Understanding Squatters’ Rights: A Nightmare for Real Estate Owners
Recently, I read an article out of Los Angeles that brought up an interesting case of Squatters’ Rights. A Southern California Airbnb owner says their guest hasn’t left the property or paid in 18 months!
Tenant From Hell
Our story begins in September 2021 when a woman rented a Southern California home through Airbnb for 6 months. However, after the tenancy expired, the tenant refused to leave, claiming they were entitled to relocation costs pursuant to Los Angeles’ “Just Cause Ordinance”.
Adopted in March 2023, the ordinance protects tenants at the end of their first lease or six months after lawful occupancy. Under this, tenant no-fault evictions also require the payment of relocation assistance. Therefore, under the guise of disability and breach of city codes by the owner, this tenant-turned-squatter has been living in the property rent-free for over a year AND is requesting $100,000 in relocation fees!
While Michigan does not have a law equivalent to L.A., squatters still have certain rights here. As a responsible real estate owner, it is crucial to be aware of the potential legal issue of squatters that may arise regarding your property so you do not end up in lengthy litigation.
Defining a Squatter in Michigan
A squatter is an individual who occupies a property without the owner’s permission. In Michigan, squatters do not gain ownership rights automatically, contrary to popular belief. However, the law provides certain protections, known as adverse possession laws, in specific scenarios. Specifically, to establish adverse possession in Michigan, an individual must demonstrate possession of a property for a period of fifteen years.
Evicting a Squatter in Michigan
If you discover a squatter residing on your property, swift action is necessary to regain control of your premises. Here is a general outline of the process of evicting a squatter in Michigan:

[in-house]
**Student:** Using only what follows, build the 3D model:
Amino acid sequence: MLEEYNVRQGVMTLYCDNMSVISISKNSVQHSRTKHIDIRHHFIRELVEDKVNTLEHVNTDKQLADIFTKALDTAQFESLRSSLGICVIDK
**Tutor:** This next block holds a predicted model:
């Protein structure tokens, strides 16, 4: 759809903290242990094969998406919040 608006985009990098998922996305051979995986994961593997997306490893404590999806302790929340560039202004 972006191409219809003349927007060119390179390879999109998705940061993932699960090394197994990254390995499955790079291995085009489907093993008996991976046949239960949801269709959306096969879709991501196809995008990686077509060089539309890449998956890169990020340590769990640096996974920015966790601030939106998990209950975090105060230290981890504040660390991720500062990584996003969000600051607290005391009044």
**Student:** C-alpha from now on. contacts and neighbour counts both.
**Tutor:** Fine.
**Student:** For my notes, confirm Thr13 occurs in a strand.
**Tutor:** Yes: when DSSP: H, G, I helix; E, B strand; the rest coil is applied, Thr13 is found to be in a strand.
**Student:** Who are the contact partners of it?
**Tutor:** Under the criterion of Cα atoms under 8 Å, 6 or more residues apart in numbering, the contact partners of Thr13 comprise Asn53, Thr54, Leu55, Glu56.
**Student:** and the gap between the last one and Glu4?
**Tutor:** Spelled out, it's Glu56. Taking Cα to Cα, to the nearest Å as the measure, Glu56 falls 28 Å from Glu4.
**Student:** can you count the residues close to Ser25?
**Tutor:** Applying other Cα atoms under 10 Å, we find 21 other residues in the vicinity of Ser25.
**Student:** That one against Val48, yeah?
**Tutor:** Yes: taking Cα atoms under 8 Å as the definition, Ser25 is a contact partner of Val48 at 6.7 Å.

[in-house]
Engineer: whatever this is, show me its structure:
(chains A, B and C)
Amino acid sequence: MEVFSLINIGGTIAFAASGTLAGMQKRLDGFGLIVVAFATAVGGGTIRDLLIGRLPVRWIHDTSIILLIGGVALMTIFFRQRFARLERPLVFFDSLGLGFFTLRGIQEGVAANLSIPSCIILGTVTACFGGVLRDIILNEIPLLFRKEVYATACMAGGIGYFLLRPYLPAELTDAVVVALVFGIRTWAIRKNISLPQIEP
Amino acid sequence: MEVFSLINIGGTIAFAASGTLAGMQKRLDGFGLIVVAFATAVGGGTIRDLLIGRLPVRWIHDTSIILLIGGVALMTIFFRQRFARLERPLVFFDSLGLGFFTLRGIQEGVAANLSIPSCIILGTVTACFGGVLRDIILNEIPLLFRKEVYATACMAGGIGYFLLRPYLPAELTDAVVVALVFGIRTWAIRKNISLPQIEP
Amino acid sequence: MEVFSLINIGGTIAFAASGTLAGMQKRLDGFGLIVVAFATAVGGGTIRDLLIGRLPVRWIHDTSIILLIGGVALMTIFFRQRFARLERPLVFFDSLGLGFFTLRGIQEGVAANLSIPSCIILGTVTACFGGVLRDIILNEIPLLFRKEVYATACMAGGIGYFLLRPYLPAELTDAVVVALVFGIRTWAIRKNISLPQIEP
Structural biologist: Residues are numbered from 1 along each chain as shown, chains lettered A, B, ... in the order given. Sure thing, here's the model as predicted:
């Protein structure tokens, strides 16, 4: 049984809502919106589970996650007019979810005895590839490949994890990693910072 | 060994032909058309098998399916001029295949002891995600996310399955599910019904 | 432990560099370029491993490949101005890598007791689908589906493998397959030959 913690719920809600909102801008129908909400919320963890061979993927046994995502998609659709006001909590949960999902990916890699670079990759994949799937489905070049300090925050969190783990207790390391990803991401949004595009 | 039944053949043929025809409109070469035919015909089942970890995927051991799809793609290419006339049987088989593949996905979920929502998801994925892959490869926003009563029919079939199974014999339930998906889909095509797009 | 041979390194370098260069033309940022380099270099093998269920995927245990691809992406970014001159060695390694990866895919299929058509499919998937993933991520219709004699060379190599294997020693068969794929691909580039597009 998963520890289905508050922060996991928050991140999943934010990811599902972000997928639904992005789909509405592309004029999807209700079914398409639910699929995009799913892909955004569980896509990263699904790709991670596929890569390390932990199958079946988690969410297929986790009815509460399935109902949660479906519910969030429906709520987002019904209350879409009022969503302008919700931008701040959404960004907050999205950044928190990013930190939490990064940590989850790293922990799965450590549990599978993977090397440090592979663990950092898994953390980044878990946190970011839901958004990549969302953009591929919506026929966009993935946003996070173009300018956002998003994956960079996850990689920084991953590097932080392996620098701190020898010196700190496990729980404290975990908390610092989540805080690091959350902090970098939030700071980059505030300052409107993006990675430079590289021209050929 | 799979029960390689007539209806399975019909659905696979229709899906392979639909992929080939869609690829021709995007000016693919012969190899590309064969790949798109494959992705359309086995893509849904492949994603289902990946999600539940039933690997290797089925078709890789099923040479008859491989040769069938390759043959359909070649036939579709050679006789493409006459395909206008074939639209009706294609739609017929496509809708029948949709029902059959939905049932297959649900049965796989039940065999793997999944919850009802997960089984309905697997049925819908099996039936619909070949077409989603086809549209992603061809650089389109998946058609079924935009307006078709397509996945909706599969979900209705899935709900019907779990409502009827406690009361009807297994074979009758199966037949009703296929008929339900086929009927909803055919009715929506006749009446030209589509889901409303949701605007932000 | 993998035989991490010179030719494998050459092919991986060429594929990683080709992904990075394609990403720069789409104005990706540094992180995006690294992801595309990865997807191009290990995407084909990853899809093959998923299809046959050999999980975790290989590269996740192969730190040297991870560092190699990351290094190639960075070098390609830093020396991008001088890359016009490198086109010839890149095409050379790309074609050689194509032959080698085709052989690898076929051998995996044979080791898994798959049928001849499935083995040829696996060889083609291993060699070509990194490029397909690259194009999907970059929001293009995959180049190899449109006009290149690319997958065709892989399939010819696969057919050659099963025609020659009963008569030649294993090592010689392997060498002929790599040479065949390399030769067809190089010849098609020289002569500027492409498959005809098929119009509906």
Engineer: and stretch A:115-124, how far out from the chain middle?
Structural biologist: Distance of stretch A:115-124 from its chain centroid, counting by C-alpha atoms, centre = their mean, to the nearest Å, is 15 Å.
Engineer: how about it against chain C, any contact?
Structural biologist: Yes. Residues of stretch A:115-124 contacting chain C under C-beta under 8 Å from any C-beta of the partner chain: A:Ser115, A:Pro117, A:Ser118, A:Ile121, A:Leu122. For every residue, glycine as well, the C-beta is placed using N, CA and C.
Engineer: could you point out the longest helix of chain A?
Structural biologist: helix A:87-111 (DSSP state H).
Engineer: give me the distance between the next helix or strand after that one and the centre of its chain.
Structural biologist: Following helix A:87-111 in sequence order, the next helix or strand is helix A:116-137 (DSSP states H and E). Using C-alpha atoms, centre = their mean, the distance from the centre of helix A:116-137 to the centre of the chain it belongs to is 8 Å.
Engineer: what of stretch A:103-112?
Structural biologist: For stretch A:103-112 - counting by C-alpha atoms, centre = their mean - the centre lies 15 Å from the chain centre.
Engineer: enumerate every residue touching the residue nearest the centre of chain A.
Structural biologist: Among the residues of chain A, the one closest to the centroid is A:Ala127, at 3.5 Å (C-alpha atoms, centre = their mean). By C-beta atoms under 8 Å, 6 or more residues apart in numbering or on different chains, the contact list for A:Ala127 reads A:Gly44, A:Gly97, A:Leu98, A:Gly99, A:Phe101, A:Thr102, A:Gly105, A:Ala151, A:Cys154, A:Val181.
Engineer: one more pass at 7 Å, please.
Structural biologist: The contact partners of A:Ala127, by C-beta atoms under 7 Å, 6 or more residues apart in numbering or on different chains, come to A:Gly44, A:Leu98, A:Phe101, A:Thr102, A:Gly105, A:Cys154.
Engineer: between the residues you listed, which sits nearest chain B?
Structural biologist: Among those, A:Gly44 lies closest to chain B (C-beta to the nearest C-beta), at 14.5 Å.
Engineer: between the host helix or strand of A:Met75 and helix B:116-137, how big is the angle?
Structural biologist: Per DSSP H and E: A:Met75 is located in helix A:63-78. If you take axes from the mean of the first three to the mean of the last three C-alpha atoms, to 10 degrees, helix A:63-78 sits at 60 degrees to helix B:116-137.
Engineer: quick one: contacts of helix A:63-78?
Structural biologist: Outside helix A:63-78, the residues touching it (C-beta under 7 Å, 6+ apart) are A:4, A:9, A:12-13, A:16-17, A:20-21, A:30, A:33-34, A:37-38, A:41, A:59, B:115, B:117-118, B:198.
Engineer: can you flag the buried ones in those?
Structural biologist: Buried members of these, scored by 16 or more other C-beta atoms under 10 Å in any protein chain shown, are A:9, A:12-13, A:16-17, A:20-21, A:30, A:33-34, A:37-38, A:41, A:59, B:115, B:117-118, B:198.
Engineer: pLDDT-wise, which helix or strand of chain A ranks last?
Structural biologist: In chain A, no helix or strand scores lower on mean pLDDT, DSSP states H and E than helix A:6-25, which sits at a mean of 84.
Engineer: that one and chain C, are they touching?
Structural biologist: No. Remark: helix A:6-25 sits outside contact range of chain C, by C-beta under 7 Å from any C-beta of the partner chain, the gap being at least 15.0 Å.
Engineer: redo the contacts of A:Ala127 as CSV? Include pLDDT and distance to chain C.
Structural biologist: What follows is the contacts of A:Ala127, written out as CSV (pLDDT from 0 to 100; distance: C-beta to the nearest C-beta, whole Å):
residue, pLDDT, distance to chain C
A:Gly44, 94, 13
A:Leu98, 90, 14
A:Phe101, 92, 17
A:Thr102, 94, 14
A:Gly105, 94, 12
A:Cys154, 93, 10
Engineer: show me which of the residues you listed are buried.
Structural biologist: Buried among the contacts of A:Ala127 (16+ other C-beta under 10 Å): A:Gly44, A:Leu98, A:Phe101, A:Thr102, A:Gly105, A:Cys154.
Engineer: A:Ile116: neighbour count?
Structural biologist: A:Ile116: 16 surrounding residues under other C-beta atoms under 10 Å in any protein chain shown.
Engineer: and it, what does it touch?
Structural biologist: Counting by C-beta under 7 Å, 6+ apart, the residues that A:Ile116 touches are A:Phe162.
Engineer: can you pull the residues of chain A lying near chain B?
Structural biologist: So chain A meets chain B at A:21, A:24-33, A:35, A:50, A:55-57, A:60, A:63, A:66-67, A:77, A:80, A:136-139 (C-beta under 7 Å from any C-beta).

- Determine the legal status of the occupant: Establish whether the person residing on your property is genuinely a squatter or may have some other valid legal right, such as a tenant or a licensee.
- File for eviction: If the individual qualifies as a squatter, you must file an eviction lawsuit in the appropriate Michigan court.
- Serve notice: Once the lawsuit has been filed, a legal notice must be served to the squatter informing them of the eviction and providing a specified period for them to vacate the premises voluntarily.
- Attend the hearing: If the squatter refuses to vacate, a court hearing will take place. Presenting evidence of ownership, non-permission, and the squatter’s lack of payment or a lease agreement is vital to secure a favorable outcome.
Got Squatters? Contact a Real Estate Attorney
Real estate attorneys encounter a variety of situations involving squatters. Here are a few common scenarios they may face:
- Vacant property occupied: A property owner discovers that their vacant property has been occupied by squatters.
- Property-use dispute: In some cases, squatters may claim adverse possession rights based on long-term use.
- Tenant becomes a squatter: A tenant staying beyond the lease term without paying rent can be considered a squatter.
- Family members claiming possession: Sometimes, family members may occupy a property without permission after the owner’s passing, claiming some form of ownership or inheritance right.
In all of these scenarios, real estate attorneys play a crucial role in protecting the rights of the property owner. They provide legal guidance, prepare necessary documents, and represent their clients in court if required. By enlisting the services of experienced legal professionals, property owners can effectively navigate the intricate legal landscape associated with squatters’ rights in Michigan.
Contact Fausone & Grysko, PLC Today
As a Law Firm that specializes in Michigan Real Estate Law, understanding squatters’ rights and the eviction process is vital to protecting your property from unauthorized occupation. While squatters do not automatically gain ownership rights, dealing with them requires the following proper legal procedures. Consulting with a reputable real estate attorney can provide you with the guidance and representation needed to navigate the eviction process successfully.
Ultimately, each squatter situation is unique, and it is crucial to seek professional legal advice tailored to your specific circumstances. By working with a knowledgeable attorney, you can safeguard your property rights and ensure a smooth resolution to any disputes concerning squatters. Contact attorney Denise Medina at Fausone & Grysko, PLC today at (248) 912-3220.